Human rights shouldn’t end for prisoners after the bars slam shut behind them. Instead of giving prisoners the dignity that all humans deserve, authorities in California use them as slave laborers in their fight against wildfires.
In light of recent fires like the Getty and Hillside wildfires, public interest in exploitative prison labor practices has once again been reignited. As inmates from state and local prisons across California risk their lives to fight on the front lines, they get little in return.
Incarcerated firefighters make as little as $6 a day when assisting civilian crews, and an additional $1 an hour if they actively fight a fire. In total, they can make up to $26 a day depending on their skill level.
In addition to earning meager wages for their risky work, incarcerated firefighters are robbed of opportunities to learn skills they can actually utilize once they get out of prison.
Firefighters need to be licensed Emergency Medical Technicians in order to be certified, and most EMT training programs around the state require a clean criminal background.
One bill introduced in the California Assembly in February aims to “provide a pathway” for previously incarcerated people to get jobs in fire departments. However, this bill lacks specific details on how it plans to build that pathway.
Not only does California need to create a way for past prisoners to get jobs as firefighters, but it also needs to stop exploiting the bodies and labor of current ones as well.
Civilian firefighters who work alongside these prisoners make on average $73,860 each year plus benefits. They are also four times less likely than incarcerated firefighters to be badly injured while on shift according to data obtained by Time.
The striking contrast of treatment between the civilian and incarcerated firefighters is barbaric and violates the human rights of prisoners in these programs.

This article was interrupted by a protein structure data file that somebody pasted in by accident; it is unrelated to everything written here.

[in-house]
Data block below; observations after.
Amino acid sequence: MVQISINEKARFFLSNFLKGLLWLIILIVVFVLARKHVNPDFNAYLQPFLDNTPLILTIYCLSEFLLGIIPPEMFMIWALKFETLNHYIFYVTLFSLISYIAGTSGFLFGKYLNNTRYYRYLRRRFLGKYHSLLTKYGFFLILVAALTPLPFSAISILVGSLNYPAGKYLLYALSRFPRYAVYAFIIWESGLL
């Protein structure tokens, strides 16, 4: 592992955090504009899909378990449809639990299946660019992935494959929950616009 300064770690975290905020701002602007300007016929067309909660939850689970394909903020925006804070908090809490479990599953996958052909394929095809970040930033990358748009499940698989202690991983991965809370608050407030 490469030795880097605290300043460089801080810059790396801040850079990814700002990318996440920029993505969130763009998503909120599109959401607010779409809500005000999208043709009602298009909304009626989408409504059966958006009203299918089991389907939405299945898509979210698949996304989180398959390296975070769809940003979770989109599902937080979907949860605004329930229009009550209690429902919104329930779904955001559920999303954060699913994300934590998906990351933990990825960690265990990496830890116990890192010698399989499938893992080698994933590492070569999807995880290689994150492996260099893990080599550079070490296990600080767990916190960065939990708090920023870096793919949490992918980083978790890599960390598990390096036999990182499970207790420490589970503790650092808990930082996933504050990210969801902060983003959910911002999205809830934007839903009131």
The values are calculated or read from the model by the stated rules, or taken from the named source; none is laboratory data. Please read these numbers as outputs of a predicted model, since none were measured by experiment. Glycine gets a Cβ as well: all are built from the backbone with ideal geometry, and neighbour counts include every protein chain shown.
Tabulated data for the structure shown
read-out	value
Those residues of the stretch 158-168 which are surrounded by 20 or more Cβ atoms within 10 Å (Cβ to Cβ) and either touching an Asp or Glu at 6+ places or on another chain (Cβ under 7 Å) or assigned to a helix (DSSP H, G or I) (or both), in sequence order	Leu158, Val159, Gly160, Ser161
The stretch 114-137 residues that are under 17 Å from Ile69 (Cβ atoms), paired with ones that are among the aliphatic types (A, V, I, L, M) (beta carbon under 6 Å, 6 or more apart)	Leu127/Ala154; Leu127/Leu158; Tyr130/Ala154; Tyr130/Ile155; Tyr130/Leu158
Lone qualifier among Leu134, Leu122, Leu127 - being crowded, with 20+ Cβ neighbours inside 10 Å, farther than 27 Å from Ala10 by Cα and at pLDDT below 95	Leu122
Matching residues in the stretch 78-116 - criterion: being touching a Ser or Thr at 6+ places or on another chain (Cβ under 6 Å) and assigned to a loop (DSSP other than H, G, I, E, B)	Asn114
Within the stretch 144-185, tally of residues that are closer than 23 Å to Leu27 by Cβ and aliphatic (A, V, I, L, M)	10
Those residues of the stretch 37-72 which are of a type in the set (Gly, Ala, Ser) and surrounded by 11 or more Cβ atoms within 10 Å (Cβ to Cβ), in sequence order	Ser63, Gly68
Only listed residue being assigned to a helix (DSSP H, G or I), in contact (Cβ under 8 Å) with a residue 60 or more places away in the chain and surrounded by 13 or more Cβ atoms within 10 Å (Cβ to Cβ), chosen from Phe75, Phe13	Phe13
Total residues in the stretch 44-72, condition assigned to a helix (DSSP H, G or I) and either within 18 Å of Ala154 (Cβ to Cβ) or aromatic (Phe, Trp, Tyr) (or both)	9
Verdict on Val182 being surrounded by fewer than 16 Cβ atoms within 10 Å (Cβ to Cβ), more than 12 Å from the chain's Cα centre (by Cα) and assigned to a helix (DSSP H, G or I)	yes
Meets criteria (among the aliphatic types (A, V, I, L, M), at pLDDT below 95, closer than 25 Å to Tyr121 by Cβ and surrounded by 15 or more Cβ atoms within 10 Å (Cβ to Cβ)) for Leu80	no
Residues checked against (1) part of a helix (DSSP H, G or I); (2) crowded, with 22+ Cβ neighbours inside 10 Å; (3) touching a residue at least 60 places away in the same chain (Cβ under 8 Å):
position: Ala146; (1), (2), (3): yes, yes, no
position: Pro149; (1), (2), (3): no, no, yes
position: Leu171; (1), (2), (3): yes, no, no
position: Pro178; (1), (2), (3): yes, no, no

These prisoners deserve the opportunity to actually rehabilitate themselves in a dignified way. If the state wants to rely on the fruits of prison labor, those laborers deserve fair pay and to later make a career out of the skills they obtain while behind bars.
California needs to pass comprehensive legislation that writes in protections for these prisoners including improving safety protocols, reducing the 24-hour shifts they often work and allowing them to unionize behind bars.
Modern-day slavery is not just limited to California. Under the 13th Amendment, slavery and indentured servitude are illegal “except as a punishment for crime” everywhere in the United States.
The exploitation of prison labor is so common that even private companies use this extremely vulnerable workforce to cut costs.
It is not enough for California to simply reform the way they handle incarcerated firefighters. What is truly required to end the continuance of slavery is to amend the constitution to cut out the punishment loophole within the 13th Amendment.
The ongoing debate about whether or not prison labor should be used in response to natural disasters isn’t going away anytime soon, and it will only become more pressing as climate change increases their frequency.